Israel Will Not Ask Lebanese Christian Militia to Let Regular Army Get Past Their Enclaves
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Israel Will Not Ask Lebanese Christian Militia to Let Regular Army Get Past Their Enclaves

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United Nations Under Secretary Brian Urquhart apparently failed in his bid during talks with Israeli officials yesterday and today to have them use their influence to convince leaders of the Christian enclaves in south Lebanon to permit beleaguered Lebanese government troops to pass through the enclaves. Urquhart sought to explain to the Israelis that the Christian blocking of the passage to the Tibnin area in south Lebanon was creating increasing anxiety among the commanders of the UN Interim Force in Lebanon (UNIFIL), and that this action was preventing the Lebanese government from establishing its authority in the south.

The Israeli officials said that while Israel recognizes the right of the Lebanese government to deploy its troops in south Lebanon, it cannot force the Christian militia leaders to accept this view. A Lebanese government battalion has been pinned down for three weeks near the town of Kaukaba. Israel and the Christian forces are both apprehensive that the Lebanese troops are at least partly controlled by Syria and would introduce Syrian influence south of the strategic Litani River.

Urquhart met with Foreign Minister Moshe Dayan, Defense Minister Ezer Weizman, and Chief of Staff Gen. Rafael Eitan. The UN official was accompanied by Gen. Ensio Siilasvuo, chief of the UN peacekeeping forces in the Mideast, and Gen. Emmanuel Erskine, UNIFIL commander. UNIFIL’s six-month mandate expires Sept. 18. After his talks here today, Urquhart left for Beirut, where he was to brief Lebanese Foreign Minister Fuad Butros on his talks in Israel and then go to Geneva to report to UN Secretary General Kurt Waldheim.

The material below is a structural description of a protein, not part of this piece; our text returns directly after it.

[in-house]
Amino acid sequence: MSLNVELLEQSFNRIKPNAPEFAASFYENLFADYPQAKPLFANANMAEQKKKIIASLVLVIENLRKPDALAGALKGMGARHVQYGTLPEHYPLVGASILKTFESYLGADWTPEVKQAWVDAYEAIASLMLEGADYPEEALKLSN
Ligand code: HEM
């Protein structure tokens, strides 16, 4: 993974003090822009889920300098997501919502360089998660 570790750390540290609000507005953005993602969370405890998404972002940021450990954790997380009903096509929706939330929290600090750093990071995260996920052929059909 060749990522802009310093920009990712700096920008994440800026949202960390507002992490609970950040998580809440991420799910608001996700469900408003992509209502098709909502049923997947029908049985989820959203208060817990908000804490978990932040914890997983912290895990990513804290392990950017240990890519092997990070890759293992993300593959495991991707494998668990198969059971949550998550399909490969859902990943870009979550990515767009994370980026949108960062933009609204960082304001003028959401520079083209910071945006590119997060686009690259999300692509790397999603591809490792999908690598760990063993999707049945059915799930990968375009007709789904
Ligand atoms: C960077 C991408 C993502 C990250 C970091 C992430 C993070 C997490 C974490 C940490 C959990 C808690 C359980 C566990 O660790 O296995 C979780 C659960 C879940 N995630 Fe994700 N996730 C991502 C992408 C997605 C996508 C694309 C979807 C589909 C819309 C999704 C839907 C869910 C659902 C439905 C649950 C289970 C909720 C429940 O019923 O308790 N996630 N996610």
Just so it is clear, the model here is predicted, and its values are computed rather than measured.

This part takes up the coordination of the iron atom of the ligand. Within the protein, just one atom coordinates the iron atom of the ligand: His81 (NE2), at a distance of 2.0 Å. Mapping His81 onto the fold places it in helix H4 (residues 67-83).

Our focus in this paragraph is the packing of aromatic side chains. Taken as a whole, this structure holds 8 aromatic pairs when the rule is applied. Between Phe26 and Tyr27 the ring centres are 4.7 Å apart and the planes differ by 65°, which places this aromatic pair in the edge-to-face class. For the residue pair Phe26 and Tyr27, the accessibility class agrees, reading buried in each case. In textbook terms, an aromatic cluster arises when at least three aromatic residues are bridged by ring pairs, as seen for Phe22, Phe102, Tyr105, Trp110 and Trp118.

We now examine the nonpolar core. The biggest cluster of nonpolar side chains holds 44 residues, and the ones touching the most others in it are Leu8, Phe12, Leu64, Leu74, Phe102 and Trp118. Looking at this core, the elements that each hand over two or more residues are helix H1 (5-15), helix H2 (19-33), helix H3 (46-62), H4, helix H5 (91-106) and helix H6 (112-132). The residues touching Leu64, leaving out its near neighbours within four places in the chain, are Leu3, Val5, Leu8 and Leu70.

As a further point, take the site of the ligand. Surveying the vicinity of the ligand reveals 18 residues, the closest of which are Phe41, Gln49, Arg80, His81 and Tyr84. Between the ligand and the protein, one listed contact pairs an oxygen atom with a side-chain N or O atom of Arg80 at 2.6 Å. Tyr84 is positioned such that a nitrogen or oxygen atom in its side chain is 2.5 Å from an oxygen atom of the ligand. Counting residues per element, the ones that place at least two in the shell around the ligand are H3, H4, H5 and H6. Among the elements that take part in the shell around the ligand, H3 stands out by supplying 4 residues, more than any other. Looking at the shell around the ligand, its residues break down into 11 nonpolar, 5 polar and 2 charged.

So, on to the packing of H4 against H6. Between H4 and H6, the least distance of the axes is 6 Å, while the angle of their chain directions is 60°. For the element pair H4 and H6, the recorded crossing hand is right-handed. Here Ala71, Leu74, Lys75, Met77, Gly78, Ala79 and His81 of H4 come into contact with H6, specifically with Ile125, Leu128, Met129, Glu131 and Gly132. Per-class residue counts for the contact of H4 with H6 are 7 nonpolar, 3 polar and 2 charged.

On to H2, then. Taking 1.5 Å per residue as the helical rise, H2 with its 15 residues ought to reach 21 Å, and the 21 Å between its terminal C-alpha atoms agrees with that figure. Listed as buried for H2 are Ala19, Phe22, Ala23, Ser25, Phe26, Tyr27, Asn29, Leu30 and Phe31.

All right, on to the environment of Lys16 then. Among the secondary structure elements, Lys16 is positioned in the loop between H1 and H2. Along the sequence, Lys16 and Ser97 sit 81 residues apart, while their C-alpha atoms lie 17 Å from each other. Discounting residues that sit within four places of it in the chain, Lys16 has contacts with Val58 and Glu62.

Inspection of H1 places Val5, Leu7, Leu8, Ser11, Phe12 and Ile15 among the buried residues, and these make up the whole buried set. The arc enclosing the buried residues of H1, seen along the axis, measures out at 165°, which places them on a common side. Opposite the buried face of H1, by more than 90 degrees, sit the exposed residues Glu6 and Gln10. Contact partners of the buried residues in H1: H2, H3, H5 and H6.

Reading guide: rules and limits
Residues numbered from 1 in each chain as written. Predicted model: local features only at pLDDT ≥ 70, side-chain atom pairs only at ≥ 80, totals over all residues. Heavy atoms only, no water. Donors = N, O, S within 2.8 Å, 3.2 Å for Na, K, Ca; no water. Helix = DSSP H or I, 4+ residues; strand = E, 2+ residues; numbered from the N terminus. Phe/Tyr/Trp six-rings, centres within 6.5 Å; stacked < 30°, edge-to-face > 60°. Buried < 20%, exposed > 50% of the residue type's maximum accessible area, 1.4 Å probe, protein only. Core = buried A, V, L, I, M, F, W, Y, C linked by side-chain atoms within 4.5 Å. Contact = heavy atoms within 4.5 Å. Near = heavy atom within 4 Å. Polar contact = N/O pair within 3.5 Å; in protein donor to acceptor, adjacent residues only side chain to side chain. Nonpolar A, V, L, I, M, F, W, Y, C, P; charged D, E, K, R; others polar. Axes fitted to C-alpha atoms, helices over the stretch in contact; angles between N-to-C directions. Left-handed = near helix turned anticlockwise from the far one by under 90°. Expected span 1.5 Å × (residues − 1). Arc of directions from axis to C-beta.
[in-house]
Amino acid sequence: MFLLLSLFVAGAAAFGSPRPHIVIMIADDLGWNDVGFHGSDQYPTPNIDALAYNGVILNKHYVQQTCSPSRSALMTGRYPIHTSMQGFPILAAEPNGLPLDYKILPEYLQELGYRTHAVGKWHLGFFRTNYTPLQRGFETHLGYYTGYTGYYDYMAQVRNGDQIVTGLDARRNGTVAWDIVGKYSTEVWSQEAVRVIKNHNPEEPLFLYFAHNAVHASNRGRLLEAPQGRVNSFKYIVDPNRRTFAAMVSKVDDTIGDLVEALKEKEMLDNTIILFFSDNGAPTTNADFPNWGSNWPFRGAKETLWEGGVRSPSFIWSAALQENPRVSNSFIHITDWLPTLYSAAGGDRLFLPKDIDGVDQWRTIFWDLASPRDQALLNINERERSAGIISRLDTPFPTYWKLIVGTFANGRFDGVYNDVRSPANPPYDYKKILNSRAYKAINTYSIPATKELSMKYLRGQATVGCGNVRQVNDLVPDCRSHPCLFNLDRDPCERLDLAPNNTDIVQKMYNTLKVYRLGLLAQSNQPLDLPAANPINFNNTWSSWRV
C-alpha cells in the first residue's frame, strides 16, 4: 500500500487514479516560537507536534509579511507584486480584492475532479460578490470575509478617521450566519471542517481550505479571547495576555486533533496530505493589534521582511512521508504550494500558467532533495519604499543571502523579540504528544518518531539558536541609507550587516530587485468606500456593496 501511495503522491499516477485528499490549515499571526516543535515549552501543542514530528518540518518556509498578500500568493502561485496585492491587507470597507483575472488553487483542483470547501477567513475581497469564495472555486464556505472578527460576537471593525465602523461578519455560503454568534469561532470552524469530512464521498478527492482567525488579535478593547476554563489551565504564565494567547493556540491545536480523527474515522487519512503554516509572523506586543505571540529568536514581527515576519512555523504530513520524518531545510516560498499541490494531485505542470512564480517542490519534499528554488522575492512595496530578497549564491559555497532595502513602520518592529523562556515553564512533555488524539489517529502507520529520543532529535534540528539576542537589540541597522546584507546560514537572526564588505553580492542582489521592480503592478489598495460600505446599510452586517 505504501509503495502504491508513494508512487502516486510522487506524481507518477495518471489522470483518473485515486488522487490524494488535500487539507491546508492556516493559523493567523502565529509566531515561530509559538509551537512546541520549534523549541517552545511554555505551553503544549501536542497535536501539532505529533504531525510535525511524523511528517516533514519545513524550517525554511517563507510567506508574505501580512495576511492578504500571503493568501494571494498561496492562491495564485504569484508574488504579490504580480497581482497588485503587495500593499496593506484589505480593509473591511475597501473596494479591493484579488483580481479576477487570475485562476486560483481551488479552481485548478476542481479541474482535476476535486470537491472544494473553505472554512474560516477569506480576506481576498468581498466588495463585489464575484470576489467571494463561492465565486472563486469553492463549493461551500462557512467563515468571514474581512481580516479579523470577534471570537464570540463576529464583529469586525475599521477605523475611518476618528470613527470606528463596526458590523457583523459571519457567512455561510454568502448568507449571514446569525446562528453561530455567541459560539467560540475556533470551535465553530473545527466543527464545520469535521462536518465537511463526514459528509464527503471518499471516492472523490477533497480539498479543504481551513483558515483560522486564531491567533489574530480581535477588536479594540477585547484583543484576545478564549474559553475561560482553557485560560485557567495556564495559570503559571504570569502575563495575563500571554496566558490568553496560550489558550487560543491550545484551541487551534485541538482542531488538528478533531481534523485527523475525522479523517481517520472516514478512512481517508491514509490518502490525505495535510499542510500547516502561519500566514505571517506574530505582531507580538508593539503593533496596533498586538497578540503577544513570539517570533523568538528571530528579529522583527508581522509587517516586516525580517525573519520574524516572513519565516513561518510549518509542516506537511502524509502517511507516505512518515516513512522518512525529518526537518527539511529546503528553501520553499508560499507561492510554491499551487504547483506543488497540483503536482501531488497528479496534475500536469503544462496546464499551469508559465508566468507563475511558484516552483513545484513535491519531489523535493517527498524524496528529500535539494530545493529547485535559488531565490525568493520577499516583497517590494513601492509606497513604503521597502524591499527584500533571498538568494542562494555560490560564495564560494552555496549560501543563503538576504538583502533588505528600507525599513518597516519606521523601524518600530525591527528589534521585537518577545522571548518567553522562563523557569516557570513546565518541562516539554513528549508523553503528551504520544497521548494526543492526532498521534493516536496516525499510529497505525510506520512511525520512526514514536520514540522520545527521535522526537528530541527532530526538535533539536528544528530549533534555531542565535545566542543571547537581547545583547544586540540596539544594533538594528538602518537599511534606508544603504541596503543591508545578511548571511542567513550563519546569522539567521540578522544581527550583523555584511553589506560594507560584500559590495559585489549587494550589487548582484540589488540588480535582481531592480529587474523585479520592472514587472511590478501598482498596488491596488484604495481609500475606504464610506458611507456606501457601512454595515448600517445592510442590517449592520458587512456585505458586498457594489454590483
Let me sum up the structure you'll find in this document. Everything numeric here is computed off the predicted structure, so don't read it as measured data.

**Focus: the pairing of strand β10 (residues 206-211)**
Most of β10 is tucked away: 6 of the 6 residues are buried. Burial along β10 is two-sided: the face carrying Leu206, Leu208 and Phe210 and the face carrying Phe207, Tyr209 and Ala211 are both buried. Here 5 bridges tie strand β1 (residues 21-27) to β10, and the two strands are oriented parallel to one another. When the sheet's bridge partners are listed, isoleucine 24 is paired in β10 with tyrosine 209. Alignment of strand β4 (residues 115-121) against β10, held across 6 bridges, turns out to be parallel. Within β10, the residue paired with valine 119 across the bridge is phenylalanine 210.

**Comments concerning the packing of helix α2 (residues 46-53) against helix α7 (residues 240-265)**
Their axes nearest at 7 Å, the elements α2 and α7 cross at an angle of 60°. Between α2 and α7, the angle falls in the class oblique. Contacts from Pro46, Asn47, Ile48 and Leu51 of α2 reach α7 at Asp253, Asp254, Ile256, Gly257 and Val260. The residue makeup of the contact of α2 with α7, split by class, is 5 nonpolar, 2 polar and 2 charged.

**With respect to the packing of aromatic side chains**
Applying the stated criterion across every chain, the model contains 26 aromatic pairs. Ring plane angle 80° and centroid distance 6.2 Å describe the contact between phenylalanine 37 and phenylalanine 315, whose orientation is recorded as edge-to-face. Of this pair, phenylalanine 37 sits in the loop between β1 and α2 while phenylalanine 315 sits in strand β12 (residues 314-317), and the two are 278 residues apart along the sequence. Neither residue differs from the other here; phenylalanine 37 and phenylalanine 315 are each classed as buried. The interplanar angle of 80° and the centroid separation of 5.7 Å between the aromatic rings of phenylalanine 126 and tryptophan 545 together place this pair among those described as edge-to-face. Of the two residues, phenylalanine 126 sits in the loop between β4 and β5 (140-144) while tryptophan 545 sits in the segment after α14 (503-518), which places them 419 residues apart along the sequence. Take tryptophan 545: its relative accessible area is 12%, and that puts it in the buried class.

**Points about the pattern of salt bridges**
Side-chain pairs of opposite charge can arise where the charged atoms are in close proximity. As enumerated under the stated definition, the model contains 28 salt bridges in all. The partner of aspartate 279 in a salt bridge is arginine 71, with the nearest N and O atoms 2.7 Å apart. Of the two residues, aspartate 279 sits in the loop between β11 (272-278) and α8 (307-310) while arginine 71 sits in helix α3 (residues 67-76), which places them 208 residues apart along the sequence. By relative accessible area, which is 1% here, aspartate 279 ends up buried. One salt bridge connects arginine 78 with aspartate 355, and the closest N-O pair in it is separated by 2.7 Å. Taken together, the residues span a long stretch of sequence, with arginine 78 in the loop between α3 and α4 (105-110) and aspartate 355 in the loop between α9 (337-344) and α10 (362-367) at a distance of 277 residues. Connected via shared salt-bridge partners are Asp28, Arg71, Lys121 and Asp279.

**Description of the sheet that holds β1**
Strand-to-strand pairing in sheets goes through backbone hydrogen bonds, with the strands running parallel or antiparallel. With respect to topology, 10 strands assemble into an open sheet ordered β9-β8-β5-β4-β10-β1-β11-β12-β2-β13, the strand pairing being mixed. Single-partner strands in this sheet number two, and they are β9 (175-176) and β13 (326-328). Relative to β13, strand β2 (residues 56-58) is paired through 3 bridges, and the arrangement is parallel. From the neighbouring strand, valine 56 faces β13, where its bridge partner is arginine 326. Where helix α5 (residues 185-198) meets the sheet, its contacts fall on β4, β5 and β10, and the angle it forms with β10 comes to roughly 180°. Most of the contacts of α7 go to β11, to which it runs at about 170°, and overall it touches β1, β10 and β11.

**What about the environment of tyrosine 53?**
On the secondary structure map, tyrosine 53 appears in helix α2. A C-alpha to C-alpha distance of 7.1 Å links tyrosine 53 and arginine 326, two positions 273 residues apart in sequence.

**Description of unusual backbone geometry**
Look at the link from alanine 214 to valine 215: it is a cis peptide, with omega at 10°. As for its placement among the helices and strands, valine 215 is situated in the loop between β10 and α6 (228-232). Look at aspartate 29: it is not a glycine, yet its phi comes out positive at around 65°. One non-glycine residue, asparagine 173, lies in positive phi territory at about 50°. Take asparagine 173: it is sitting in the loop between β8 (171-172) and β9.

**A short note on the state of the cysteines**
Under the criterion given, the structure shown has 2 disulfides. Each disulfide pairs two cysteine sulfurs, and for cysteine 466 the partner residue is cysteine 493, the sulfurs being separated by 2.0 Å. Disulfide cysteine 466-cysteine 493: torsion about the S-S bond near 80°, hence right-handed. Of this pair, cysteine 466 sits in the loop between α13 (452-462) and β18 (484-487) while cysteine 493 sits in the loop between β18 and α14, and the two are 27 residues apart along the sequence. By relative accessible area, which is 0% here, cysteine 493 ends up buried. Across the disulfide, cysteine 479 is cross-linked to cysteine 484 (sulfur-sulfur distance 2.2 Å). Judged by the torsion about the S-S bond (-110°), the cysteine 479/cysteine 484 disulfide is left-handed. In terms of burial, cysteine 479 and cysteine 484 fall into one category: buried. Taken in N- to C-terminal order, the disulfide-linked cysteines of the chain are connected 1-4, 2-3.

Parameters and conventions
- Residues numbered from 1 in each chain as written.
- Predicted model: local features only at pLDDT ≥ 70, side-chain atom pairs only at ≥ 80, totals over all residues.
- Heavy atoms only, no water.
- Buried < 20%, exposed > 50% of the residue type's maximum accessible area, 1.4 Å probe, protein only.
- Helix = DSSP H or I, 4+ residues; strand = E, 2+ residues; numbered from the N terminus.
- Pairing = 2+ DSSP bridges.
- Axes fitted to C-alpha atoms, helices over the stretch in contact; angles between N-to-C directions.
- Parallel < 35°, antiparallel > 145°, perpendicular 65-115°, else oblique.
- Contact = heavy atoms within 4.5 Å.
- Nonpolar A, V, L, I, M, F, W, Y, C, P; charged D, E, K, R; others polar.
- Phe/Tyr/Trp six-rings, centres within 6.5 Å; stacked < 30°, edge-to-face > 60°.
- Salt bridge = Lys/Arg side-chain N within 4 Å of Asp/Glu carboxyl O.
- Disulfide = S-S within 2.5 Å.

Moshe Arens, chairman of the Knesset Foreign Affairs and Defense Committee, said today that he favors the extension of the UNIFIL mandate next month. Speaking with Israel Radio following the committee meeting which discussed the situation in Lebanon, he said that the UN troops there “have not entirely lived up to our expectations, because unfortunately there are a significant number of terrorist units in the areas controlled by the UN troops.”

But, Arens warned, “should the UN troops withdraw, we will have a renewal of terrorist activity in the area and probably a much larger number of terrorists entering the area. And that wouldn’t be fair to anybody.” Arens also noted that he would favor a suggestion by Yigal Allon that UN peacekeeping troops be sent into Beirut itself, but said he does not know if the UN would agree. The committee also discussed arms supplies from the United States, which, Arens said, are arriving on schedule.

Meanwhile, there are reports that Syrian attacks against the Lebanese Christians are expected to be renewed shortly with the aim of destroying their military strength in south Lebanon. According to reports, Syrian forces are retrenching themselves for the renewed onslaught. At the same time, there are indications of a possible resumption of the civil war in Lebanon as relations between Christians and Moslems are deteriorating and terrorist and leftwing elements are exacerbating tensions and frictions between the two groups.

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